Boilerplates

June 11, 2014

If there’s one thing that instantly turns me off a service, it’s seeing the same design I just saw somewhere else.

In part, the goal of a designer is to make something familiar, something that anyone anywhere can understand — I get that — but when site after site use the same boilerplate design with only subtle color differences, I start wondering about the project as a whole.

If you can’t design your own simple landing page, are your internal pages boilerplates too? Is all of your code lifted off of Stack Exchange and Github? Am I better off going without you, if all you offer is a widget dressed up the same common clothes as everyone else? How exactly does your widget even differentiate itself from the other widgets I saw, when all I see everywhere are identical websites with identical buzzwords in their copy?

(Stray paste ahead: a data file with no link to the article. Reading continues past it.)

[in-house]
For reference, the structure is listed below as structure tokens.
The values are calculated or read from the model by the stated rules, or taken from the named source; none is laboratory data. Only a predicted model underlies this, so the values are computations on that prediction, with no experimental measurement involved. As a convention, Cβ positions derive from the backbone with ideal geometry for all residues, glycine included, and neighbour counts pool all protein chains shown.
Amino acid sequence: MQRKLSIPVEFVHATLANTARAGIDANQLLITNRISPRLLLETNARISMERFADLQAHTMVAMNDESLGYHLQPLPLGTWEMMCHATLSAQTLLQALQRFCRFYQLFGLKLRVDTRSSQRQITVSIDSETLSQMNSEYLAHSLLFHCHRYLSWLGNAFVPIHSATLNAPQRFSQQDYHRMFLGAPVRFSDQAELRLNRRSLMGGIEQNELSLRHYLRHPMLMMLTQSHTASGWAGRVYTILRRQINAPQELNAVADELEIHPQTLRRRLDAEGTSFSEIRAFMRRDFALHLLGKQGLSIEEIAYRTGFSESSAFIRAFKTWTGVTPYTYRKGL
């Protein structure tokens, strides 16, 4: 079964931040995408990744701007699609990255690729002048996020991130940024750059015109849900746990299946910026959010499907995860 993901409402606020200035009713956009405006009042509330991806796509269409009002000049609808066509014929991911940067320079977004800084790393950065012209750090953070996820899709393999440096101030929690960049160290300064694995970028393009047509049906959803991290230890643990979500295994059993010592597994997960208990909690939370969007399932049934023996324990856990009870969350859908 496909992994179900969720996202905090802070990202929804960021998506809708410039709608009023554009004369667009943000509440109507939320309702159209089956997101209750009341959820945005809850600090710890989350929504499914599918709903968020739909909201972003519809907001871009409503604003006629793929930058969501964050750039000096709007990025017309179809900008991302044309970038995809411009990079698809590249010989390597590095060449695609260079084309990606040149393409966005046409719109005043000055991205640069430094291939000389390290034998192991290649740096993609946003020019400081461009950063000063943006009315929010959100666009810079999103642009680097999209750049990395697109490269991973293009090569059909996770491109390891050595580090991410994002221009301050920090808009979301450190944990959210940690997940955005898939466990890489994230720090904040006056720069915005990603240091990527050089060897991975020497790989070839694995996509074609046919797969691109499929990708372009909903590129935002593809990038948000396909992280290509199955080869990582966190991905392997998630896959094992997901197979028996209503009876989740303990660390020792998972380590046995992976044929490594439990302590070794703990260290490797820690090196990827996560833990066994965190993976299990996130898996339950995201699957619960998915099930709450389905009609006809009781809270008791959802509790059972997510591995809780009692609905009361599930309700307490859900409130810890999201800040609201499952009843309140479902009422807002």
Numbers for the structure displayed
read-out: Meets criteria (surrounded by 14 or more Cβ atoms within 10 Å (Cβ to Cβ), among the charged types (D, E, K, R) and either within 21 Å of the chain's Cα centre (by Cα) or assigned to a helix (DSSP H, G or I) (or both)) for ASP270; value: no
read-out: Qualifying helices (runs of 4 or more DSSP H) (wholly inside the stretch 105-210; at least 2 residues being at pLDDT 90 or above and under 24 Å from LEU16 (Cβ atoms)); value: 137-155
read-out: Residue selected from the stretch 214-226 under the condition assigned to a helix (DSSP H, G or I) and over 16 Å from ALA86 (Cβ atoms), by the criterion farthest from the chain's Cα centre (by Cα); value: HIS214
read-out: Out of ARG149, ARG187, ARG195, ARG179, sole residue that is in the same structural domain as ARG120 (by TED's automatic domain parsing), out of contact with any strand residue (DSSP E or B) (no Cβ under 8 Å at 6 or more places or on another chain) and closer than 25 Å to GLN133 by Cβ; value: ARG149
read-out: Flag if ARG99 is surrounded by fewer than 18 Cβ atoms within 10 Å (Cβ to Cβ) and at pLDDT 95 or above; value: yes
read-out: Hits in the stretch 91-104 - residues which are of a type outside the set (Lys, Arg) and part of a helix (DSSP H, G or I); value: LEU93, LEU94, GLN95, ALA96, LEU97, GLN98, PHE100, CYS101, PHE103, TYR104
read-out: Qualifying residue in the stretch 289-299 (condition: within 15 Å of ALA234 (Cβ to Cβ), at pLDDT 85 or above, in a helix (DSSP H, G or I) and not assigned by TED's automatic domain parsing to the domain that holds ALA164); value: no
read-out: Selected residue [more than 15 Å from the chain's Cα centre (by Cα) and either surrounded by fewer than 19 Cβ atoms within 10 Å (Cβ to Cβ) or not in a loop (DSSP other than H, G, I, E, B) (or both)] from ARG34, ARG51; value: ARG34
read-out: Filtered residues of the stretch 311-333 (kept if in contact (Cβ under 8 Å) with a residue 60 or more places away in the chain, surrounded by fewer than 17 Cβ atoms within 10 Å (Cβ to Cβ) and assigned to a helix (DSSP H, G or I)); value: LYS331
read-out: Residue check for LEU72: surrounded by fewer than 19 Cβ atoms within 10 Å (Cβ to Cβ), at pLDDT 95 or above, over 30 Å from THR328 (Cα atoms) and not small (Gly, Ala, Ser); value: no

I think a lot of people make their designs a certain way because everyone else makes theirs a certain way — there’s a me-too effect involved. Go look at Dribbble for a while until everything melts into a mess of sameness, then look at some personal design blogs and see sophomore graphic designers talk about how much they love Helvetica, the type used everywhere for everything, from corporate logos to embarrassing ‘inspirational’ desktop wallpapers.

Stop for just a second, stop right where you are. Why are you doing that, why are you designing your thing that way? Ask yourself if what you’re designing serves a role and should even be designed. Are you lockstep behind your inspiration? Stand out.